"I noticed most of the centre men used to cover large areas, and some players like Jimmy Dean (South Adelaide) and Lindsay Head (West Torrens) would travel some distance, and I thought I wouldn't be able to keep up with them. So I played as a 'stay-at-home centre man'. Undoubtedly one of my best skills was a good mark, and I found if I hovered around the centre, there'd be plenty of opportunities for me to mark the ball," he said.
John became captain of the team at a great time of change at the club; players including Tony Goodchild, Len Fitzgerald and Clayton Thompson were all retiring, leaving a young and inexperienced team that ended up taking the wooden spoon in 1961. In 1962, Jack 'Jacko' Oatey came in as coach, John became captain, and the following year, Victorian league players such as Colin Saddington (Richmond), Ted Langbridge (Richmond), Malcolm Hill (Hawthorn) and Dodger Ryan (North Melbourne) were recruited as players.
"They gave us some strength, we started to be better as a team, and some of the younger ones became more accustomed to playing senior football."
It took time to build up, but the team played a grand final in 1965, and then won five in a row from 66-70.
John was still able to hold his head up high to the end; he missed the 67 grand final because of a broken leg, and the 68 one because he'd ruptured his quadricep to the point he wouldn't be able to play in the next season. About to turn 32 and after 14 years, he decided it was time to call it a day. But, he could still take home the pride that he was captain for both those premiership teams and unveil the Sturt colours at the brewery each time.
Outside Sturt, John also played 17 games representing South Australia in interstate competitions.
In the late 1970s, opportunities arose to be a coach. In 1977 he was coaching Sturt's reserves team while working at the South Australian College of Advanced Education, and he took a year's study leave in mid-1977. Upon his return, Sturt asked if he'd coach the reserves again in 1979, but then he got a call from Glenelg asking if he'd coach their team. He took the role and held it until 1982, during which time he took the team to two grand finals. By the end of 82, he decided it was time to leave that club and returned to coach Sturt after Jack Oatey's retirement. He coached them for two years, one of which was to a grand final, but no win.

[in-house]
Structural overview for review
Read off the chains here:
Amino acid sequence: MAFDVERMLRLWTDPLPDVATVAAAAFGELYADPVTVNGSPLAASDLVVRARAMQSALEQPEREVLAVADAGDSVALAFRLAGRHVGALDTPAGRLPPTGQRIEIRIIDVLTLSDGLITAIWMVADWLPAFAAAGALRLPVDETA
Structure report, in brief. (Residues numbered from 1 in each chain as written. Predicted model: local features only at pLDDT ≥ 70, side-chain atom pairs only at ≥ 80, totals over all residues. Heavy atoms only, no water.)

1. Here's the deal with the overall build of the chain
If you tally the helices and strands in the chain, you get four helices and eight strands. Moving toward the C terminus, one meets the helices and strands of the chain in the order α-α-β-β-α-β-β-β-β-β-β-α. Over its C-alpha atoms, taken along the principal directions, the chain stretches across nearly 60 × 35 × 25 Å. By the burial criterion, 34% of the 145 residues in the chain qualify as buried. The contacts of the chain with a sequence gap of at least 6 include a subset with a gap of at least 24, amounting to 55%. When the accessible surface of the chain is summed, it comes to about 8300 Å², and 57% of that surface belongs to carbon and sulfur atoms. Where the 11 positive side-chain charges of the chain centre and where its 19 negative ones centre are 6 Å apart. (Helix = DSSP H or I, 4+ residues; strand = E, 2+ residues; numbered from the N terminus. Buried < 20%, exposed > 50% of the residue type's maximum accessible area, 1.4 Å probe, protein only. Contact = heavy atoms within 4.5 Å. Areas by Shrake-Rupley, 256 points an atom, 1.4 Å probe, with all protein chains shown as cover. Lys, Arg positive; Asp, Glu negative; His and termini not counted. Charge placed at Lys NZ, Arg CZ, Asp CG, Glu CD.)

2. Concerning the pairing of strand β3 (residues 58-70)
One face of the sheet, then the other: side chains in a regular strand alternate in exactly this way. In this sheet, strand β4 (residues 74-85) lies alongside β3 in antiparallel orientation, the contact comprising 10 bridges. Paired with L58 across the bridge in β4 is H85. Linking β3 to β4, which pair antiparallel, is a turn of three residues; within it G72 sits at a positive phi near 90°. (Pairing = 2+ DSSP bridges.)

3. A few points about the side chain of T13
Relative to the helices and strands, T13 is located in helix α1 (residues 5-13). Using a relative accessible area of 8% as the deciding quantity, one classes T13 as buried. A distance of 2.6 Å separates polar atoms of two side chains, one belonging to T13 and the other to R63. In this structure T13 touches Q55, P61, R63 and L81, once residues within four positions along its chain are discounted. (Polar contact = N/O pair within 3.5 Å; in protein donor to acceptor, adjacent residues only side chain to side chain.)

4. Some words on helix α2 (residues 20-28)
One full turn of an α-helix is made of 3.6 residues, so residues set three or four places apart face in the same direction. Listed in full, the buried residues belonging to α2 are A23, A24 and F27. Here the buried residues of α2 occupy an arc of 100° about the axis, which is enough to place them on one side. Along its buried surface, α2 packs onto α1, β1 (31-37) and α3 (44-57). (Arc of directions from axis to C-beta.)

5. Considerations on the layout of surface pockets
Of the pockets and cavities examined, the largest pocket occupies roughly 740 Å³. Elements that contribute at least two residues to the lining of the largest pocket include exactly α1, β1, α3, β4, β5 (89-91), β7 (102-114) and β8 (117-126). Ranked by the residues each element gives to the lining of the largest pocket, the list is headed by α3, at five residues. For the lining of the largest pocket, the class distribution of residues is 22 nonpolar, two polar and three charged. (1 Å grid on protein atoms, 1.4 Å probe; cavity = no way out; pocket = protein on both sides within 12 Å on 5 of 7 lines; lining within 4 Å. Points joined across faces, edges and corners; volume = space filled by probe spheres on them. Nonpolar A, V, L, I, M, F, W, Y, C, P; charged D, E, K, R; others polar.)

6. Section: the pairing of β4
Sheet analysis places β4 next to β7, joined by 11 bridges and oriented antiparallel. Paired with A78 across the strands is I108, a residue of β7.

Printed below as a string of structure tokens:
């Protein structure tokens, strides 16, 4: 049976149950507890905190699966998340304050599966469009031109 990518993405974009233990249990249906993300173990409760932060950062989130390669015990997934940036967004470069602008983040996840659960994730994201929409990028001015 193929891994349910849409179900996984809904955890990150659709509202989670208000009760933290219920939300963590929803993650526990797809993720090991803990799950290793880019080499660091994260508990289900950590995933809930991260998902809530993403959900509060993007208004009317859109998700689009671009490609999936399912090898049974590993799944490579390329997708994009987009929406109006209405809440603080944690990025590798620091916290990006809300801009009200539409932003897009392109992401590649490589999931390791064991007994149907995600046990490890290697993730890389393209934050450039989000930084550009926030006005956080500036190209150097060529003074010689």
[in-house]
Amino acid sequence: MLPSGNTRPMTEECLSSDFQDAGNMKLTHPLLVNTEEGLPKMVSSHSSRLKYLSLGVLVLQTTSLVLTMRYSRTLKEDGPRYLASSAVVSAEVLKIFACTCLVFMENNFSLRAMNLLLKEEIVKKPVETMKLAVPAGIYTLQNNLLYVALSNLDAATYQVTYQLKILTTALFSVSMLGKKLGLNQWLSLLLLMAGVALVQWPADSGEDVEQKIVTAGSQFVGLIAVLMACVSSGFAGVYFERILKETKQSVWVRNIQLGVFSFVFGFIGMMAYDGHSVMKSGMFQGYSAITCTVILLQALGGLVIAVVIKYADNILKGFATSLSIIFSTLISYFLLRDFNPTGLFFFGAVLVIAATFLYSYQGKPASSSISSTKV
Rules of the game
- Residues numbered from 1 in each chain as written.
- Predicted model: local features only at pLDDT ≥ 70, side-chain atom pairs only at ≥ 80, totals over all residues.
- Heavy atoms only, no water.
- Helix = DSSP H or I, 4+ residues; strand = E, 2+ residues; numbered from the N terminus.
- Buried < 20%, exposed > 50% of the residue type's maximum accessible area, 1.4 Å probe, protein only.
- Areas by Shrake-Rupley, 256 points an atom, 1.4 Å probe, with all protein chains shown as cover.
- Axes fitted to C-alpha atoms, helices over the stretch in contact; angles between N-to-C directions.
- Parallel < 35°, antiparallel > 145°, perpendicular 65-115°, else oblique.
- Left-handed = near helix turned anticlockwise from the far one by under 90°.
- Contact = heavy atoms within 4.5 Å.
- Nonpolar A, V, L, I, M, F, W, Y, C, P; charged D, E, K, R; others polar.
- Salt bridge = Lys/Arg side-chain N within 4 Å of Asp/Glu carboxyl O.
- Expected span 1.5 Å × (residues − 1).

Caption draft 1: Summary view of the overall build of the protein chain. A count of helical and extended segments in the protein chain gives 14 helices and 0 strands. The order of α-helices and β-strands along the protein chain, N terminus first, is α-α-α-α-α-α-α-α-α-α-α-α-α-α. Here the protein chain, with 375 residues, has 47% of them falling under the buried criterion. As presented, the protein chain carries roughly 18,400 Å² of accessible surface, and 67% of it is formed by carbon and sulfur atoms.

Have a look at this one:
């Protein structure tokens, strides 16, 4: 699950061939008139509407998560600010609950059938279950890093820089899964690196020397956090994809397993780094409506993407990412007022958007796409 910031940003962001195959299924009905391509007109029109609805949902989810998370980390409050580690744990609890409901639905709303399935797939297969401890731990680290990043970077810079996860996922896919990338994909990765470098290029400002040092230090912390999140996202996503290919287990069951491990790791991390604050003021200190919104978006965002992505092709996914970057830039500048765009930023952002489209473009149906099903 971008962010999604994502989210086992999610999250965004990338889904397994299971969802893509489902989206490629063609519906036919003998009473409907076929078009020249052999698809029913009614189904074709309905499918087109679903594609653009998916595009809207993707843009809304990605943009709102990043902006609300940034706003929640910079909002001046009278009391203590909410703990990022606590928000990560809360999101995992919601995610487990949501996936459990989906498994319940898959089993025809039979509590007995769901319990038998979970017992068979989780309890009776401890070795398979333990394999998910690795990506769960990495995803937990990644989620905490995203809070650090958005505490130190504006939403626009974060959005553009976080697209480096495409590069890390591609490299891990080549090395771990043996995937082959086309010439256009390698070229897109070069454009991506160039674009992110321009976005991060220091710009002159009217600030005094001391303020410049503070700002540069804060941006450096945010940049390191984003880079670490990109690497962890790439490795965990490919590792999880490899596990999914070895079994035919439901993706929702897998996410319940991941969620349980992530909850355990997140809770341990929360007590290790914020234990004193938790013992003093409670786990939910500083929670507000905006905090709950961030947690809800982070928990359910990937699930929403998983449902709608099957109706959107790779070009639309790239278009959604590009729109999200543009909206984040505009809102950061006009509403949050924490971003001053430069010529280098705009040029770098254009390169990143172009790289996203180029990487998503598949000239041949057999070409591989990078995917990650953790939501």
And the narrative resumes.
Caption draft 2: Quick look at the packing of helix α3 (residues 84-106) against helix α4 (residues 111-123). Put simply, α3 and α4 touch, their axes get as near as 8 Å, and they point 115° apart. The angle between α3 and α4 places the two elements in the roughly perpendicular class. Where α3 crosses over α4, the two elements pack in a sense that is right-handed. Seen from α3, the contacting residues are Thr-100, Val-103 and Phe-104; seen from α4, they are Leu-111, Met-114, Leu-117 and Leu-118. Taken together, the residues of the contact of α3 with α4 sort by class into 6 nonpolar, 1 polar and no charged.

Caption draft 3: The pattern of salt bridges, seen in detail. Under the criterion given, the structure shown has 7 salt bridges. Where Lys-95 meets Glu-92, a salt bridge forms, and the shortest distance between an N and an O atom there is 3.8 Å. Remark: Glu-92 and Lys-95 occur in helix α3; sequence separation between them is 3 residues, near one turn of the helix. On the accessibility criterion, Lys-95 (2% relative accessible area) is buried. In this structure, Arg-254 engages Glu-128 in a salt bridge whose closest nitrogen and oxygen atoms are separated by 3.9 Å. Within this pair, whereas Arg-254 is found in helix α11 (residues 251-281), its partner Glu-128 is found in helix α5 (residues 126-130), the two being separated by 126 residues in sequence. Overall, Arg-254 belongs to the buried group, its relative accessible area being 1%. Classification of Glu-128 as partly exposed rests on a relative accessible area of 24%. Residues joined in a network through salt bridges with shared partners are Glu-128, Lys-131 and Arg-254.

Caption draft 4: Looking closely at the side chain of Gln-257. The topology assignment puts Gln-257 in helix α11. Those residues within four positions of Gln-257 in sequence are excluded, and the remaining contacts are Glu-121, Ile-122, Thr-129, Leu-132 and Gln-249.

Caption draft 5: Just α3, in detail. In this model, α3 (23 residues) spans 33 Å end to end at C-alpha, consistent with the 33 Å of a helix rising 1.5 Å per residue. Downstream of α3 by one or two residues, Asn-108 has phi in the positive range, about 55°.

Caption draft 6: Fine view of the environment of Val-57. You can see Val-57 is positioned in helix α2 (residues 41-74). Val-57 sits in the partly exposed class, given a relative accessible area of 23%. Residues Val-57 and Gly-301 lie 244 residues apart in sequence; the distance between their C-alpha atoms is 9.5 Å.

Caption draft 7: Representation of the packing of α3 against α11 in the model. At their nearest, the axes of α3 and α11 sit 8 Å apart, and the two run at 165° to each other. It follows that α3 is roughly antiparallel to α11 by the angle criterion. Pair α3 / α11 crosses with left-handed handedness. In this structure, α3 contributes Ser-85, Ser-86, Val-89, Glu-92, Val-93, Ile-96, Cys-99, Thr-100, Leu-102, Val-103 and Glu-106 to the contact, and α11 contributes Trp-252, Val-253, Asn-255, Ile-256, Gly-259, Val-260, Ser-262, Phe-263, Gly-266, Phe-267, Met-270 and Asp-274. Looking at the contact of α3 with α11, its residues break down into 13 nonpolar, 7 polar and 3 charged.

"It was very disappointing," he said.
Since then, he held various roles in administration and business, including as chairman of the South Australian Football Development Foundation, a member of the AFL Laws Committee, to name a few.
Having seen football from different perspectives, it's clear that passion for the sport at a grass roots level drives him.
"When you grow up with it as I did as a little boy, I've always loved the game and I particularly loved how we played it in SA and how we continue to play in SA," he said.
"I enjoy our local football, the league-played SANFL - the nature and the format I like.
"I still go to watch my beloved Sturt on Saturdays."
Attending its launch in early June, he's pleased with the exhibition.
"SANFL has been a huge part of the total gamut of SA's history over that period, from when it really started up in 1877," he said.
"It's a wonderful reminder of the number of years of football over our lifetime."
Our footy, Our people, Our stories: 145 years of SANFL runs until October 16 at the State Library of South Australia, corner North Terrace and Kintore Avenue, Adelaide. Visit History - SANFL for more information.
Sign up for our newsletter to stay up to date.